Historically, economists and investors have a poor track record of predicting economic cycles. At the same time, at Clifford Swan, it is our job to protect, as well as to grow, capital. Our portfolios need to be appropriately defensive and able to withstand a variety of market conditions. Not only is the timing of a downturn uncertain, but the causes of one are as well. Those could involve a tariff war slowing the worldwide flow of goods and services, a geopolitical crisis, or countless other events.
"...it is our job to protect, as well as to grow, capital. Our portfolios need to be appropriately defensive and able to withstand a variety of market conditions."
Evidence of a lack of defensiveness is showing up in many areas of the capital markets. The volatility index, also known as the “fear index”—a measure of expected future S&P 500 volatility is back down near record lows after spiking earlier in the year. “Covenant-lite” loans—loans that place fewer restrictions on the borrower when it comes to collateral and financial health characteristics required—are widely used by lenders and in high demand by investors, as covenant-lite’s share of the loan market keeps climbing5. Venture capital funds and start-ups are raising money hand-over-fist, with questionable companies like Theranos receiving funding without multiple stages of deep due diligence6. Bitcoin, though off its high of just under $20,000 reached in December of last year, still trades north of $6,000 as of this writing. These developments are uncommon in risk-averse markets.
"Evidence of a lack of defensiveness is showing up in many areas of the capital markets."
It is even difficult for investors to remain defensive in one of the most traditional asset classes—the S&P 500. Led by Apple, Microsoft, Amazon, Alphabet (Google), and Facebook, the technology sector now comprises roughly a quarter of the S&P 500 Index by market value. Defensive sectors, such as utilities, consumer staples, health care, and telecom services, now make up just over 15% of the index7. That ratio is down from approximately 35% in the early- to mid-1990s, a level which it again approached in risk-averse periods such as the post-9/11 market and the March 2009 post-financial-crisis low. The implication for the average investor is significant. Part of the pull of S&P 500 index funds—broad company diversification—gives the investor comfort that he or she is taking risk off the table. The reality is that, today, the risk profile of the index is much different than it was in the past. Consequently, the same applies to funds that track the index.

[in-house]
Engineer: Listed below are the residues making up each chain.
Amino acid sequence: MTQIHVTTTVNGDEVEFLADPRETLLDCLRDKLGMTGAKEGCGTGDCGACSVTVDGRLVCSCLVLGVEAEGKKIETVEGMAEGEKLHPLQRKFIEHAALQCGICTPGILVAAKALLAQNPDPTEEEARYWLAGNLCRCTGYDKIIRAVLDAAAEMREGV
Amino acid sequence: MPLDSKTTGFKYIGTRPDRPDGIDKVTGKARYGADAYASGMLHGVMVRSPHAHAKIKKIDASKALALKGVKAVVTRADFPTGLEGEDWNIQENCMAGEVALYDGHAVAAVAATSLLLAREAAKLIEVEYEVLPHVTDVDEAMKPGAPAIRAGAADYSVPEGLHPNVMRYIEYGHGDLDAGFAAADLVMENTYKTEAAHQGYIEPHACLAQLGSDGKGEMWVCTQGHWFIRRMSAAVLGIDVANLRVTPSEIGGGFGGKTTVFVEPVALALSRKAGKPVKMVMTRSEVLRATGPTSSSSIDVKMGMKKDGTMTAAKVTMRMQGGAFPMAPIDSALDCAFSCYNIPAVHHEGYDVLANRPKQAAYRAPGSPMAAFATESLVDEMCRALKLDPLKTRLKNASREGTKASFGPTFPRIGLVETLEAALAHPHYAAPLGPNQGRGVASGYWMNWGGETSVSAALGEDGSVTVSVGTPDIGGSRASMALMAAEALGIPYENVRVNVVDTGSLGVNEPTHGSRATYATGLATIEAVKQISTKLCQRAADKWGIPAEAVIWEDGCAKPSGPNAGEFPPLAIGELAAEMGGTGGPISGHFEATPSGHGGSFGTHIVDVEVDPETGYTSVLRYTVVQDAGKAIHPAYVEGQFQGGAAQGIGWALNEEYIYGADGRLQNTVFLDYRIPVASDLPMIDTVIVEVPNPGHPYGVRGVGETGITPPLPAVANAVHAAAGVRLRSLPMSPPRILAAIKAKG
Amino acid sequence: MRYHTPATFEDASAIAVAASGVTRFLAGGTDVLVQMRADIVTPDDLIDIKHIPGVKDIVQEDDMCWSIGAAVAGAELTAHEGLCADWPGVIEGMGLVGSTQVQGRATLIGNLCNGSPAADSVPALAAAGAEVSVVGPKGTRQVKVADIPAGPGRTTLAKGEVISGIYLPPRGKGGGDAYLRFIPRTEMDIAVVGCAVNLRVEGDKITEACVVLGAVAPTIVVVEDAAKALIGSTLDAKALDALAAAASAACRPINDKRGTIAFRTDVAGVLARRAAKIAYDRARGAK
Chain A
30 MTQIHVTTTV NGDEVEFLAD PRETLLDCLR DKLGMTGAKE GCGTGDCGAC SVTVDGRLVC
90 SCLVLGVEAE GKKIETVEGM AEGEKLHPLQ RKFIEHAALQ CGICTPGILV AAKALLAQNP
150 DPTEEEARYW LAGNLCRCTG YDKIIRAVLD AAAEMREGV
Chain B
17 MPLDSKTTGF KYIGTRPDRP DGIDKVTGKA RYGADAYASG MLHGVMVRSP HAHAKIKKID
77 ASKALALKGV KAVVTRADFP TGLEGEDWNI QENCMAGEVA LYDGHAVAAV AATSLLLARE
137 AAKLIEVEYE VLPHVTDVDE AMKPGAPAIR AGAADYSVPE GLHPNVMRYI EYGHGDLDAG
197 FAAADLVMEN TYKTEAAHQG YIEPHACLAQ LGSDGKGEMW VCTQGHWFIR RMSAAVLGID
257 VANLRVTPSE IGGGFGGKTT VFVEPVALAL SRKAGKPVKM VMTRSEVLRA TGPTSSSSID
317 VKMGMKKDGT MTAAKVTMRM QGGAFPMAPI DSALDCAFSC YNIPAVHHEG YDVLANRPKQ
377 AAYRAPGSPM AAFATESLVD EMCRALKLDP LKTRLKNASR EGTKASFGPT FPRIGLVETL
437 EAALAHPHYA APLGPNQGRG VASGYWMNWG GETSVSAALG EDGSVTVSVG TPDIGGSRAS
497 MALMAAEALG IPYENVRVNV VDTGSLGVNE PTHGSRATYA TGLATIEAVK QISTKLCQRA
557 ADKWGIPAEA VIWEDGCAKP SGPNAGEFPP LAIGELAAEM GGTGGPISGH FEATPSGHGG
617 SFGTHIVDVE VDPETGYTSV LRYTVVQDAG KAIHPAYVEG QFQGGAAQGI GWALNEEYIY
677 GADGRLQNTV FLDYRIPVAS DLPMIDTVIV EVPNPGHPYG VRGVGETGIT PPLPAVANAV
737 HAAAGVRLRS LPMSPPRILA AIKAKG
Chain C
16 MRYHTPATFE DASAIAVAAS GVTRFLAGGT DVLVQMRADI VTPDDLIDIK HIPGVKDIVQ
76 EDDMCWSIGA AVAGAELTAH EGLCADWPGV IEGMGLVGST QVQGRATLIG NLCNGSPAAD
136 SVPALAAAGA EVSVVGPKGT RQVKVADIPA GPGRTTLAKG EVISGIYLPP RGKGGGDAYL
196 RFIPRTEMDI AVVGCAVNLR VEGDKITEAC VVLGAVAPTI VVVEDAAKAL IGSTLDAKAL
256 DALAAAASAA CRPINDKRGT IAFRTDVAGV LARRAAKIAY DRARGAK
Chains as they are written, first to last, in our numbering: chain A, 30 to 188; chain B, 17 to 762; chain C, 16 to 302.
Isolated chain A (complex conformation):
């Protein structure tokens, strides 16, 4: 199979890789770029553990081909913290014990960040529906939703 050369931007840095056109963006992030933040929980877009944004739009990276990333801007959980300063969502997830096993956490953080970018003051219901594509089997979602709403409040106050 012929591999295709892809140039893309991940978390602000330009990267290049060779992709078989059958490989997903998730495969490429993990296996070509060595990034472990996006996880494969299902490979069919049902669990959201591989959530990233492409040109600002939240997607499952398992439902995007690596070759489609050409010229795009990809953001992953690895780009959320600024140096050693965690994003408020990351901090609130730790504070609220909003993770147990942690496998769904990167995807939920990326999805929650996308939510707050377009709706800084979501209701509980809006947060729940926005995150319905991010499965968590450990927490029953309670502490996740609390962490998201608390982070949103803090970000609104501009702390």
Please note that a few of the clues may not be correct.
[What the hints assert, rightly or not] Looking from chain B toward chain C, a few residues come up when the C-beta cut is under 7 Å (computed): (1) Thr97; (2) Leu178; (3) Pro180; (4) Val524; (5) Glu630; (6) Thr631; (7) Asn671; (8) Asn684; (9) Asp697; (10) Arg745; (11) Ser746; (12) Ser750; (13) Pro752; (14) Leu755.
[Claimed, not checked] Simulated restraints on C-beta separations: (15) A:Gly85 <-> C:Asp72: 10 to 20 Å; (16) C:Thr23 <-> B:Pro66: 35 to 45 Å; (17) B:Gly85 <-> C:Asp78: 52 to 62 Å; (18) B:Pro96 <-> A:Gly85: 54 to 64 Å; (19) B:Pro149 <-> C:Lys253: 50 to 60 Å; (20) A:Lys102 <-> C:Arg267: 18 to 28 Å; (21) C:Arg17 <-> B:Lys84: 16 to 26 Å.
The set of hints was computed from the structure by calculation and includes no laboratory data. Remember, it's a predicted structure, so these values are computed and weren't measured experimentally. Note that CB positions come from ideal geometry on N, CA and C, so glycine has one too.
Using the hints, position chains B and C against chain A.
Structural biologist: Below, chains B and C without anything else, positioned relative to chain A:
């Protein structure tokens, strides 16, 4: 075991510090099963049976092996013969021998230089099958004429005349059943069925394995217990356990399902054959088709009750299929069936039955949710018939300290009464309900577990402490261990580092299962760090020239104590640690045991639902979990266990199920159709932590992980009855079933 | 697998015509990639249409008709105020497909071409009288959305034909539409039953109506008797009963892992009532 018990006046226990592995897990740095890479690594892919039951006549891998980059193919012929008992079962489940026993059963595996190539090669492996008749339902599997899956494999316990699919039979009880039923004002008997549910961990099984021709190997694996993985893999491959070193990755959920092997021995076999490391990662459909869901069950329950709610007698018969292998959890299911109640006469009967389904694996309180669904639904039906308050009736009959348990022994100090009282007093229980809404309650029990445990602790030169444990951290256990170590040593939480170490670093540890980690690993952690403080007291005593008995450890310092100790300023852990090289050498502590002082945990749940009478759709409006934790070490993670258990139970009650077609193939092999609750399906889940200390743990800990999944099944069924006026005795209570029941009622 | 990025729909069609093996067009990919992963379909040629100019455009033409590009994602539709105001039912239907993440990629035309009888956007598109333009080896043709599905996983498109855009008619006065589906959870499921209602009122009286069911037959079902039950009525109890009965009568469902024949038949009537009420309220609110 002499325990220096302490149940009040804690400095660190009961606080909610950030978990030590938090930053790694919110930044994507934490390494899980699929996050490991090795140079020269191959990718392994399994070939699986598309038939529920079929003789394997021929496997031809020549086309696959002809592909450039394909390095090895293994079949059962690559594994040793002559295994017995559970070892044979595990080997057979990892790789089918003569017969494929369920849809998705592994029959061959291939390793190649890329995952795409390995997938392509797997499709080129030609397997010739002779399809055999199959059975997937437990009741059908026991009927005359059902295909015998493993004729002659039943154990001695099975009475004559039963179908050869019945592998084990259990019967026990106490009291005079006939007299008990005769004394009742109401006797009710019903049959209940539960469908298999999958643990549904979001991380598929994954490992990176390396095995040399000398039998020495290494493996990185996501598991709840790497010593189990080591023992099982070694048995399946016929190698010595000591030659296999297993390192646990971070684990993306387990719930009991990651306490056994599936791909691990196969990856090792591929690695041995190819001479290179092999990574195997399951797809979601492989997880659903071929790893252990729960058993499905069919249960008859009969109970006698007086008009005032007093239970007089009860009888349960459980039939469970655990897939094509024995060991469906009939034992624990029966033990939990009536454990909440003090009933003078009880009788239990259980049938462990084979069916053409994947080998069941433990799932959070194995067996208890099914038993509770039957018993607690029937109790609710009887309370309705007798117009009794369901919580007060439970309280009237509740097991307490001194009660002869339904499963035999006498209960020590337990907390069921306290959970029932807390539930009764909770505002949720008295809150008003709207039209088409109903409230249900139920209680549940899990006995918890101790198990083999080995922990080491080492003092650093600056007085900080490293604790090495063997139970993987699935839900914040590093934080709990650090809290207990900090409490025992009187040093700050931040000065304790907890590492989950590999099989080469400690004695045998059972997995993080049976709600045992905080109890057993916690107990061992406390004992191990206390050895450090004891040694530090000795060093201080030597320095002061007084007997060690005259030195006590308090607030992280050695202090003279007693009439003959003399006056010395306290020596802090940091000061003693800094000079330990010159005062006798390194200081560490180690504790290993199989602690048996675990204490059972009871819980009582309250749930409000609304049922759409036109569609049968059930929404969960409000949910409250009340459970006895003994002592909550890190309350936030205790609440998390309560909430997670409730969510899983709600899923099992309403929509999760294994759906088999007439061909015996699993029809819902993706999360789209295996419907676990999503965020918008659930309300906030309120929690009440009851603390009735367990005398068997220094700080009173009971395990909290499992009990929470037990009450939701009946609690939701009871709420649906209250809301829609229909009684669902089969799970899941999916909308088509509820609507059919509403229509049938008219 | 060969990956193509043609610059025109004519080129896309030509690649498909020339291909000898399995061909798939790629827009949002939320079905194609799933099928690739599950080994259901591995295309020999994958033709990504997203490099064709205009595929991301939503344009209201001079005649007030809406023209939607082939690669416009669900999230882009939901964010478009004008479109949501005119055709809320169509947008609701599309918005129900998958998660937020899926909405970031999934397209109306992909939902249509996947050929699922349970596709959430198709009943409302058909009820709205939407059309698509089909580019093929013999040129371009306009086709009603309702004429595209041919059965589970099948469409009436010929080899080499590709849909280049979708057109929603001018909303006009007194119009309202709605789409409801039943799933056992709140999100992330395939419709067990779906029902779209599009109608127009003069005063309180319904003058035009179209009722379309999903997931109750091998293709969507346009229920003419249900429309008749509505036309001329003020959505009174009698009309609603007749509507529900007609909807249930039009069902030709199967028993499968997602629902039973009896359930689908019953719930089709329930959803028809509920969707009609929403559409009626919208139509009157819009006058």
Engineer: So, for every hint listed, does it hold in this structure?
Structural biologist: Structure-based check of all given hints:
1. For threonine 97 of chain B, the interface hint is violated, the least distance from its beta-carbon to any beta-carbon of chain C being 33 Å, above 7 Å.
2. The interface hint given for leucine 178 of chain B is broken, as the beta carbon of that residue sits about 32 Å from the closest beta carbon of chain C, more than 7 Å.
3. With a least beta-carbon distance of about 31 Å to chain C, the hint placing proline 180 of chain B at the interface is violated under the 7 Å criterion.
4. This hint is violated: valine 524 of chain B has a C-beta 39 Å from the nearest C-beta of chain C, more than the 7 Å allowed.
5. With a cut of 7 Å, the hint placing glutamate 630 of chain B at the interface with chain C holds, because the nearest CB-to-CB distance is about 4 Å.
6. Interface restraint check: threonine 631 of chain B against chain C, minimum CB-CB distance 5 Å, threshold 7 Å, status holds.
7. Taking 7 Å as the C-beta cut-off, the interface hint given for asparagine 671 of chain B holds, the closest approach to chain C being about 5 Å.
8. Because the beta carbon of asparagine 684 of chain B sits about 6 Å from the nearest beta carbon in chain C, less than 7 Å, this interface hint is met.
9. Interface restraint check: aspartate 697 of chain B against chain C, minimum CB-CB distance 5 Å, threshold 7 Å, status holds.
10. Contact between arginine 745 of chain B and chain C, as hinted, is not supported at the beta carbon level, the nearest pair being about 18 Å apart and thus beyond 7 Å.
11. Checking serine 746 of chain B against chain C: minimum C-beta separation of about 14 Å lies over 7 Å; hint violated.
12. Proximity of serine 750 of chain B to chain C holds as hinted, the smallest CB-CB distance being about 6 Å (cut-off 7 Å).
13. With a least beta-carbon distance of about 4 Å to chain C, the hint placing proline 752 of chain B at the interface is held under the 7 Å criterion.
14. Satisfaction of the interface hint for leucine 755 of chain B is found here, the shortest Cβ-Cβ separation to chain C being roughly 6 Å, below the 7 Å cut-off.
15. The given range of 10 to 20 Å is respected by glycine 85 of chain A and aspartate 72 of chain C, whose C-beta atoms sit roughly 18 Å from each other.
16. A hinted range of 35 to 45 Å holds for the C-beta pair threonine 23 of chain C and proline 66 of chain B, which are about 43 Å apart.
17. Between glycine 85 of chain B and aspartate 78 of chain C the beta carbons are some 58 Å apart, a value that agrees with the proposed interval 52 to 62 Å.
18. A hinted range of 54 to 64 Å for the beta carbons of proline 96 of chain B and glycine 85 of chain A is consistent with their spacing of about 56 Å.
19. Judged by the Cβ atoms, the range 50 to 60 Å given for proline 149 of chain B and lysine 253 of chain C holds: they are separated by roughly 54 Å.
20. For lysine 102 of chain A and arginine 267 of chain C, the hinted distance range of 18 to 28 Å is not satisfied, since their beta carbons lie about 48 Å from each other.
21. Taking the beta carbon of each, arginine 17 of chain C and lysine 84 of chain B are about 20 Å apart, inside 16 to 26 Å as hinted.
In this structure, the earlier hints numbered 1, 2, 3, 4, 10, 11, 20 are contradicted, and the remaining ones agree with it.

At Clifford Swan, we believe that the market’s lack of cautiousness in the ninth year of an economic expansion and bull market run should serve as a signal for investors to look closely at how their portfolios are positioned for a variety of future economic conditions. Our strategy of building portfolios security by security, with an uncompromising focus on the quality of the companies in which we invest, allows us to manage your exposure to a range of economic outcomes with confidence.
1. Kawa, Luke. “Investors with $542 Billion Fret Biggest Risk since Euro Crisis.” Bloomberg, 17 July 2018.
The above information is for educational purposes and should not be considered a recommendation or investment advice. Investing in securities can result in loss of capital. Past performance is no guarantee of future performance.